Baruch students adapt The Laramie Project for staged reading
It seems more than fitting that the one-night staged reading of The Laramie Project, a devised theater piece by Moises Kaufman and the Tectonic Theater Project, was held within the specially designed walls of the Engelman Recital Hall. After all, this is a work about the reverberations of voices and murmurs from behind one's back, so there seems to be no better place to have this profile of a small town microcosm in the wake of a tragedy than in a space built with its acoustics in mind.
That is not to say that the 14-person cast helmed by first-time director Maxim Ibadov needed any special arrangements.
Docudrama is a difficult genre to master, but if the years have proven anything, it is that Kaufman and the Tectonic Theater Project mastered the form a long time ago with their first piece, Gross Indecency, a recollection of the trials of Oscar Wilde.
Their rigorous approach to text, consisting of splicing and retelling actual sections of human speech rather than creating their own, has long proven to be a boon to the theater world that changed the face of what drama can offer. There is a reason the genre is called verbatim theater, and Kaufman’s work proves that spoken word can be just as powerful as conceived performance.
If “all the world's a stage,” then the Tectonic Theater Project made sure that it was the world one saw on that stage. Over the years they have devised several pieces with similar methods, many of which tested the bounds of human experience and, just as often, its frailty. The Laramie Project stands as yet another one of the jewels in a crown of masterpieces.
In 1998, Matthew Shepard, a gay student from the University of Wyoming, was discovered nearly beaten to death and tied to a fence, abandoned by his attackers. The small town of Laramie, Wyoming — a place where everyone seems to know one another that is usually blessed with an unusual tranquility — faced the reckoning of such an event.
Media poured into the town, much to the chagrin of the townsfolk who felt that their privacy was suddenly under attack.
The national spotlight shined right onto the place where an innocent young man had died from his injuries. Laramie was no longer just another small town in the middle of nowhere; it was the sight of a man-made tragedy.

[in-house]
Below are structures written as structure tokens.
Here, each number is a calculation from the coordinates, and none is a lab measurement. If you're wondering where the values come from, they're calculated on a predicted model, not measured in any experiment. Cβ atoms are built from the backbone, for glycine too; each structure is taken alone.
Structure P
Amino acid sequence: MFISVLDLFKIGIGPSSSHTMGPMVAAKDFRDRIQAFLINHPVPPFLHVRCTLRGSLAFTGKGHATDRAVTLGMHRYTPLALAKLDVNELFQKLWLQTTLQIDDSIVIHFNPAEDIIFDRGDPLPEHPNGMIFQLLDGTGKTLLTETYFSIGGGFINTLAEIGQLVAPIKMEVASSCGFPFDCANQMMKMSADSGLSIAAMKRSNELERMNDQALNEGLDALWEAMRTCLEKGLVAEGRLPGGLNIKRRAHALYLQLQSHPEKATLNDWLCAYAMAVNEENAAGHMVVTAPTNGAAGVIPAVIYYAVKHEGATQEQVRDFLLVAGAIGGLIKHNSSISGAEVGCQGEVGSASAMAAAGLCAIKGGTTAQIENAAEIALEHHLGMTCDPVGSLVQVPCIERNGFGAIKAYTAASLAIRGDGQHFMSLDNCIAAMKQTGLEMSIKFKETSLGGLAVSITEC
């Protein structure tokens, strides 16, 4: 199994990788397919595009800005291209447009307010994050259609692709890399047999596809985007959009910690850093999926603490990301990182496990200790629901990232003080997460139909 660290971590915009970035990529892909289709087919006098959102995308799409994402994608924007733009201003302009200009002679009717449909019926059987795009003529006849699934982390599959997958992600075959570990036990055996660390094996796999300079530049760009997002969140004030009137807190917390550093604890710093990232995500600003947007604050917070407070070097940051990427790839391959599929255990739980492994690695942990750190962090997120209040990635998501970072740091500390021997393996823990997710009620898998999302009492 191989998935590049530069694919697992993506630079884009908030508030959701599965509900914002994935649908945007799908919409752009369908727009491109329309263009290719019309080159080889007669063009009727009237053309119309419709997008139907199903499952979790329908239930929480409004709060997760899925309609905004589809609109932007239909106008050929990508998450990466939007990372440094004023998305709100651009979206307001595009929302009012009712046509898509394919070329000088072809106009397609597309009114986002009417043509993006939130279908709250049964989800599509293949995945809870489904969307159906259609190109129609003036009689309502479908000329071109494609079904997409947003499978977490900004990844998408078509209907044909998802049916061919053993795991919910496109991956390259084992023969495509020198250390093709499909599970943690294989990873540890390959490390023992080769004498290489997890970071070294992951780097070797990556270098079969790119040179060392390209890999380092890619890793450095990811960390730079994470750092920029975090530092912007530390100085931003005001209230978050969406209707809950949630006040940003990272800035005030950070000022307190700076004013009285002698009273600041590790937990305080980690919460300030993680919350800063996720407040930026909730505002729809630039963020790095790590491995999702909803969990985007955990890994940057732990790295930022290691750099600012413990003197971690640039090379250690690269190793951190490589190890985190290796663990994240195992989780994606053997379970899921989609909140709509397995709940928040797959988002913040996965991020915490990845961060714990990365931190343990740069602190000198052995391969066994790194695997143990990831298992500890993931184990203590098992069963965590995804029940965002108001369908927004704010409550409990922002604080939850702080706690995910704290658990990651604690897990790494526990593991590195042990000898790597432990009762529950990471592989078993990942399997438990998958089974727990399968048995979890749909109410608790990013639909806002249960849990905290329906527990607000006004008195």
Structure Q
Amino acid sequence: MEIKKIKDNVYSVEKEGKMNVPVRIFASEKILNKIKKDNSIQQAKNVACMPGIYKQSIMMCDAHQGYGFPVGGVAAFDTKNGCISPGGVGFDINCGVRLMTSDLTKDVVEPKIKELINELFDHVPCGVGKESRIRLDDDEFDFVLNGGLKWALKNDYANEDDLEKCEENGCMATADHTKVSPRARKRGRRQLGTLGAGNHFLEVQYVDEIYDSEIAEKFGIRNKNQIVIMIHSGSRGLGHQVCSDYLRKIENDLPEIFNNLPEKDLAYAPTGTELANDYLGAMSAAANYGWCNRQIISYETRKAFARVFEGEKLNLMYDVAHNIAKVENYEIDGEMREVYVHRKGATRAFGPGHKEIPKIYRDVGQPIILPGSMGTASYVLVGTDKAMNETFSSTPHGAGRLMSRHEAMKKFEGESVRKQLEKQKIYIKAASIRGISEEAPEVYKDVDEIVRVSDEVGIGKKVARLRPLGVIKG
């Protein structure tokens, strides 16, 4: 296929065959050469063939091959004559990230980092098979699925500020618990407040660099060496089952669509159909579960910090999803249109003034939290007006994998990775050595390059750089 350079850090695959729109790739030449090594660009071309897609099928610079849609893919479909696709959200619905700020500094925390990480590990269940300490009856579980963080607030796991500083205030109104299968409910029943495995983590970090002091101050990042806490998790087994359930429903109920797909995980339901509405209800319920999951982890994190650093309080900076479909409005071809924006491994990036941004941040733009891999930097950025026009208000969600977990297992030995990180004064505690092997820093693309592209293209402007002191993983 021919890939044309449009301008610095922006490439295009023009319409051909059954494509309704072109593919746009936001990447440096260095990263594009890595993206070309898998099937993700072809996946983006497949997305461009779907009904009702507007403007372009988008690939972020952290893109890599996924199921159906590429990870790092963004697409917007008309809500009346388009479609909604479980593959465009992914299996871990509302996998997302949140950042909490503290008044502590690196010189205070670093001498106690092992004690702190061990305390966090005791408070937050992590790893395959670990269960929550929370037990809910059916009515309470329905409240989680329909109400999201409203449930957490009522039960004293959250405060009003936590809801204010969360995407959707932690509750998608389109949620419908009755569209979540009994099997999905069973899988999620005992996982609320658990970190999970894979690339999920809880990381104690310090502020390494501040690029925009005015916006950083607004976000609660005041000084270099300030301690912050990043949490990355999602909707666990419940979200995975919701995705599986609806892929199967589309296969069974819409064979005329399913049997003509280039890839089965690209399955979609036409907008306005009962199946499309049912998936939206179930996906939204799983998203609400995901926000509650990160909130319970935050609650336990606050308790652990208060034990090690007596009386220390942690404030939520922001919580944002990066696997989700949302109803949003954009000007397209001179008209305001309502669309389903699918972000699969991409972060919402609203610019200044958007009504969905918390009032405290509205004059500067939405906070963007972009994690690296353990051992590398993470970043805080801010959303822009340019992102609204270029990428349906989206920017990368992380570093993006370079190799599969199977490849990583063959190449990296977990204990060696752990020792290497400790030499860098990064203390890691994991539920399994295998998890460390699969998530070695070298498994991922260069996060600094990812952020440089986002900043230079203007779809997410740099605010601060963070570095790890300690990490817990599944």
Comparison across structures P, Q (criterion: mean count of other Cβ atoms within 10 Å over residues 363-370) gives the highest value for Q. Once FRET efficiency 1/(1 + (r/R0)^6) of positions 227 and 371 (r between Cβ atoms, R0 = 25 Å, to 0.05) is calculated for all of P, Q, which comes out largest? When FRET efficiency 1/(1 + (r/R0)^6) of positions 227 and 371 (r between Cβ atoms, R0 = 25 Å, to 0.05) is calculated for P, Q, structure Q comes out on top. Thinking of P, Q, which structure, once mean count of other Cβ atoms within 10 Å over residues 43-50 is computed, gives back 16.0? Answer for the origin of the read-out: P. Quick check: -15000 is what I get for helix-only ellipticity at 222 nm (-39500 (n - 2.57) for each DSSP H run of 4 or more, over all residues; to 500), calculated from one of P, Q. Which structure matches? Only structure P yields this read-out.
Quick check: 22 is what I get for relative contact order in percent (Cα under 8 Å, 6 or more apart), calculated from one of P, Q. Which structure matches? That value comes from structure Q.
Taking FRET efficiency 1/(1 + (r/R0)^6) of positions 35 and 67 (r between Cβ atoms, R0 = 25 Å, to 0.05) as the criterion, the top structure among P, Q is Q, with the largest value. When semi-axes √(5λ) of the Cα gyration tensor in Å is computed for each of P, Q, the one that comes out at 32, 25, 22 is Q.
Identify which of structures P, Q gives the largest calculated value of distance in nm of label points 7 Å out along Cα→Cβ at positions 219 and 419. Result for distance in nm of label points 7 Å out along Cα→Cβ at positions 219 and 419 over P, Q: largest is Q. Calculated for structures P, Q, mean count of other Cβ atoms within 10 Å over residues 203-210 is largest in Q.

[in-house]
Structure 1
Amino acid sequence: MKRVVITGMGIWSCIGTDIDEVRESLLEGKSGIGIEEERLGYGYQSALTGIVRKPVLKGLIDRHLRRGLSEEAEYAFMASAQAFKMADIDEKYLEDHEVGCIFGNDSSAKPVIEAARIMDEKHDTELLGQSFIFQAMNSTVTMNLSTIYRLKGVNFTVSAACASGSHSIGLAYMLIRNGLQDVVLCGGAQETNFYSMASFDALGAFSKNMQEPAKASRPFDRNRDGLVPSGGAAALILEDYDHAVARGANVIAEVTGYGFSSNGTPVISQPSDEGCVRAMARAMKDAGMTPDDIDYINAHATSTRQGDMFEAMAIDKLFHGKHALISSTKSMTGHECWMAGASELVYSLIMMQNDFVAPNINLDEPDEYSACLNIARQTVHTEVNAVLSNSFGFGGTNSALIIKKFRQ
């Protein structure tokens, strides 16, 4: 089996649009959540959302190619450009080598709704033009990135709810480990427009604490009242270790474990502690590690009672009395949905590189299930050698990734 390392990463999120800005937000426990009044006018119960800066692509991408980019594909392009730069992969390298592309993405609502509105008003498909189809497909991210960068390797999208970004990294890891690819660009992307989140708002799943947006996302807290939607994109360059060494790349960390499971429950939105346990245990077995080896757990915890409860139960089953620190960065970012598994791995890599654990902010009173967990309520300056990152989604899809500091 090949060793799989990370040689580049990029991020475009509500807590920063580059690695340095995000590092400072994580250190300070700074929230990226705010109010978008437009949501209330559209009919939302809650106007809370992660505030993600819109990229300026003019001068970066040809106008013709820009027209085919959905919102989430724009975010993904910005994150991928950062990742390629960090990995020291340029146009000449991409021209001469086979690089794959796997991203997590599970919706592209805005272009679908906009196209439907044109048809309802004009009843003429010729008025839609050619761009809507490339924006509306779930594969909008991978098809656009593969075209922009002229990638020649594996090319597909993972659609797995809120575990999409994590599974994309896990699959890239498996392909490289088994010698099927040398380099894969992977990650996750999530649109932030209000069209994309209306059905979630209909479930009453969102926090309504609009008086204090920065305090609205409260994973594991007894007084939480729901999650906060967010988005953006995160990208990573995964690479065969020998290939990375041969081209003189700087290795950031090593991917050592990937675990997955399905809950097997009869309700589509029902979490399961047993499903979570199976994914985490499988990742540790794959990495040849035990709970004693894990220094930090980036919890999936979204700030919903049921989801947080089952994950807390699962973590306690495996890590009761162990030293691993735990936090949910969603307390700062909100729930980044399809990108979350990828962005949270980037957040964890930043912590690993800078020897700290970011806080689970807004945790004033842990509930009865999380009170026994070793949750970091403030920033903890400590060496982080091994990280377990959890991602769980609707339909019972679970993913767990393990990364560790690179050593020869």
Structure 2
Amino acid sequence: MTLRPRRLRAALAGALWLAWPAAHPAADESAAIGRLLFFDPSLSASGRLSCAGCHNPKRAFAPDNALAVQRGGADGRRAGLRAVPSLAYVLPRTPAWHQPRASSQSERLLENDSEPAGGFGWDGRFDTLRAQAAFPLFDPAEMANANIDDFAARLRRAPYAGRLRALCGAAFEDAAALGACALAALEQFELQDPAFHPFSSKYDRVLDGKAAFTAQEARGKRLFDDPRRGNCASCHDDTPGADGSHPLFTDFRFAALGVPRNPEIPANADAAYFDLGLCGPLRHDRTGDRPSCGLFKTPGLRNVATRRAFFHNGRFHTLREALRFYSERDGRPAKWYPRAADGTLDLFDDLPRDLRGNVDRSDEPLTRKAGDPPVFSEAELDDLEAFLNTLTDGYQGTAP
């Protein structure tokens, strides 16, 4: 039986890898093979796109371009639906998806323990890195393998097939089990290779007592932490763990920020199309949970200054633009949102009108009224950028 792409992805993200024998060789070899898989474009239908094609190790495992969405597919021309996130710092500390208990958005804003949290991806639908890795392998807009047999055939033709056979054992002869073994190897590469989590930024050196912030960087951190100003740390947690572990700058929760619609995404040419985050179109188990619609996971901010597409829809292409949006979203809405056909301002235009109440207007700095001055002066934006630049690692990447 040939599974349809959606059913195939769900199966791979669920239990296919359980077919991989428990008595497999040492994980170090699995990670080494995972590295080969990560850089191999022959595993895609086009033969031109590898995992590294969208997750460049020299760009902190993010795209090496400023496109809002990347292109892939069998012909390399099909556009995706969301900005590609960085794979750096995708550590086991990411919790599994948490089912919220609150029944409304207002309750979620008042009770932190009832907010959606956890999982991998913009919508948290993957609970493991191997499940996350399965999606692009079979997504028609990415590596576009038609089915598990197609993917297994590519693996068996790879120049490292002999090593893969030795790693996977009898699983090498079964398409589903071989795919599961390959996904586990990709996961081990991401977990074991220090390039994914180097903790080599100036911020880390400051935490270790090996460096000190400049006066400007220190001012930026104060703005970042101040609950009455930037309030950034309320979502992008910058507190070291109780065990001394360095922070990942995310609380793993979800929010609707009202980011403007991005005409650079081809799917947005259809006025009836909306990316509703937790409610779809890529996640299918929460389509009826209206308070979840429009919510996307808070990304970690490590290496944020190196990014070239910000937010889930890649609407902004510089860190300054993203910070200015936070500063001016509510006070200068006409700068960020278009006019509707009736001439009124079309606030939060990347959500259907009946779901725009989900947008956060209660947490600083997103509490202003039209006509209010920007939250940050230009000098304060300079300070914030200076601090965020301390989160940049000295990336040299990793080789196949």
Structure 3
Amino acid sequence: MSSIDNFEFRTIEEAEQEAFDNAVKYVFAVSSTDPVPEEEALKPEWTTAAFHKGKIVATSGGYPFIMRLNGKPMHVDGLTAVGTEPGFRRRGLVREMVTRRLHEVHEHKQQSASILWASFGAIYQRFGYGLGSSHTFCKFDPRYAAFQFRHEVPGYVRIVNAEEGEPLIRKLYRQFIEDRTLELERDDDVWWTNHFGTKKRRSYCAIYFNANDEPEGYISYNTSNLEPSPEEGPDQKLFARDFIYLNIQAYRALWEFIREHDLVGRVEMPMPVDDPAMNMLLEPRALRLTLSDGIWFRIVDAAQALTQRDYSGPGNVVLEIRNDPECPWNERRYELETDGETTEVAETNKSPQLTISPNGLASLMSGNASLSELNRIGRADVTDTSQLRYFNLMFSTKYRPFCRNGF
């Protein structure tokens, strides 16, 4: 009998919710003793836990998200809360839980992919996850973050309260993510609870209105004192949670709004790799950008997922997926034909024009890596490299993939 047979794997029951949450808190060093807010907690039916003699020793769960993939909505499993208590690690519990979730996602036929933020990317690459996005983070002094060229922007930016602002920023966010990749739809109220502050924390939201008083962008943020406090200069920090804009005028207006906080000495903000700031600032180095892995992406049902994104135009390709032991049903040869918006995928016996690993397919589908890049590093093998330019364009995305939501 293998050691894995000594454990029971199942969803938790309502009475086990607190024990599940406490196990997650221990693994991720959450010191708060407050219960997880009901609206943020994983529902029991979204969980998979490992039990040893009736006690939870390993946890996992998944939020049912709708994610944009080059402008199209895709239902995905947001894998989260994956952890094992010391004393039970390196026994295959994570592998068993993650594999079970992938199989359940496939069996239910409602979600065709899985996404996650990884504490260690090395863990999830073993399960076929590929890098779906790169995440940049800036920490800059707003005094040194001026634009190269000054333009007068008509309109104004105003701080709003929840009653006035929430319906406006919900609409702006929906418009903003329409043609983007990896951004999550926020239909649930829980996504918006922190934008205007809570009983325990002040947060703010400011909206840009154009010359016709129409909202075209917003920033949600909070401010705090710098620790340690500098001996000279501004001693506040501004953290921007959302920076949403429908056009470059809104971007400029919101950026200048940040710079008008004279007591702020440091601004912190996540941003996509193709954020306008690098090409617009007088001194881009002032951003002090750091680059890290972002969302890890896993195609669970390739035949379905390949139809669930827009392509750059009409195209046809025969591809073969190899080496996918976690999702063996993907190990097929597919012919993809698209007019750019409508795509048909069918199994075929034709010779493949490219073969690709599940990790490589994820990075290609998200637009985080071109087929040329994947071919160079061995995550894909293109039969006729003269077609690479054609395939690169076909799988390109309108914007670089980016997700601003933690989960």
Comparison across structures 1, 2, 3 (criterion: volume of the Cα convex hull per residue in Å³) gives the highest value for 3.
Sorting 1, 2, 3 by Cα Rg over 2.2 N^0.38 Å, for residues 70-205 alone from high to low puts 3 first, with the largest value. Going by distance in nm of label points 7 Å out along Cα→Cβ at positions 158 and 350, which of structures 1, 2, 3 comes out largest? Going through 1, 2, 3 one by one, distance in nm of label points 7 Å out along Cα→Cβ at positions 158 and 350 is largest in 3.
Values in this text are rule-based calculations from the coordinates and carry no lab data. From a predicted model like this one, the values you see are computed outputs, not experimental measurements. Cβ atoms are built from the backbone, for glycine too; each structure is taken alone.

The relevance of this piece would be easy to overlook if not for the wellspring of emotion carved out by Ibadov and his cast. The power of a docudrama like The Laramie Project is in showcasing the instances of the real and the painful, every slur and every act of love that the widest range of human experience can conjure.
The intimate reading was quite the conjuration, with the incredibly simple lighting grid of the Engelman Recital Hall used to create loneliness, community, recognition and despair.
Threadbare costumes allowed the actors to shed skins and put those layers back on again in an ever-shifting chorus of interviews, transcripts and testimonials flowing and ebbing like a melting river. It is an effective narrative technique in recreating the memory of a character one does not meet in the play itself: the victim, Matthew.
The beauty is the memory it forges with word and voice, slowly putting the colors together to make a portrait of Matthew in a way many writers of fiction might learn a thing or two from.
This, for many productions, would have been an impossible feat if not for the wonderful cast and crew Ibadov cultivated. Tomas Anderson, with a vitality that many seasoned veterans of the stage should envy, carefully yet smoothly transplants himself from the voices of those like the playwright Kaufman himself to one of Matthew’s killers, Aaron McKinney. During one particularly harrowing moment, McKinney’s confession regarding his motivation and his reaction toward his arraignment becomes something of a consistent pump of energy that only Anderson is capable of.
Similarly, ensemble member Conor Murray’s steady drum of a voice makes his representations of the likes of the infamous Fred Phelps beat like a familiar, if uncomfortable, rhythm. Peysakh Shalumov bears the performing chops to bend smoothly between characters like Jedadiah Schultz, the kindhearted theater student at the University of Wyoming and the author of a particularly vicious anonymous letter that lambasts the university’s president, played with a charming yet appropriate sense of being beleaguered by Andy Marcillo, for his apparent inaction.
Other particular highlights include Stephanie Venetsky, whose portrayal of the boy who found Matthew likely sent a collective chill up the audience’s spine as audience members contemplated someone so innocent discovering something so gruesome.
Her sudden pleas for an unconscious Matthew to respond felt like a bolt of lightning in a storm, providing one of the much-needed narrative buckets of ice water in the comparatively warm production. Aziza Zaitova’s seamless shifts between a progressive Muslim woman constantly harangued about her hijab and a newcomer lesbian university professor show the hallmarks of someone with a talent for crisp transitions.
A director’s ultimate goal, above all else, is to reveal the unseen in the invisibility of language. For a first-time director, Ibadov managed to mine something valuable from the repository of talent that is this cast.
Of special note is Jessica Horowitz’s dramaturgical rigor, no doubt invaluable in the creation of the play’s world.
Aside from a few unintentionally quiet moments and some superfluous projections, The Laramie Project shines like the brightest star.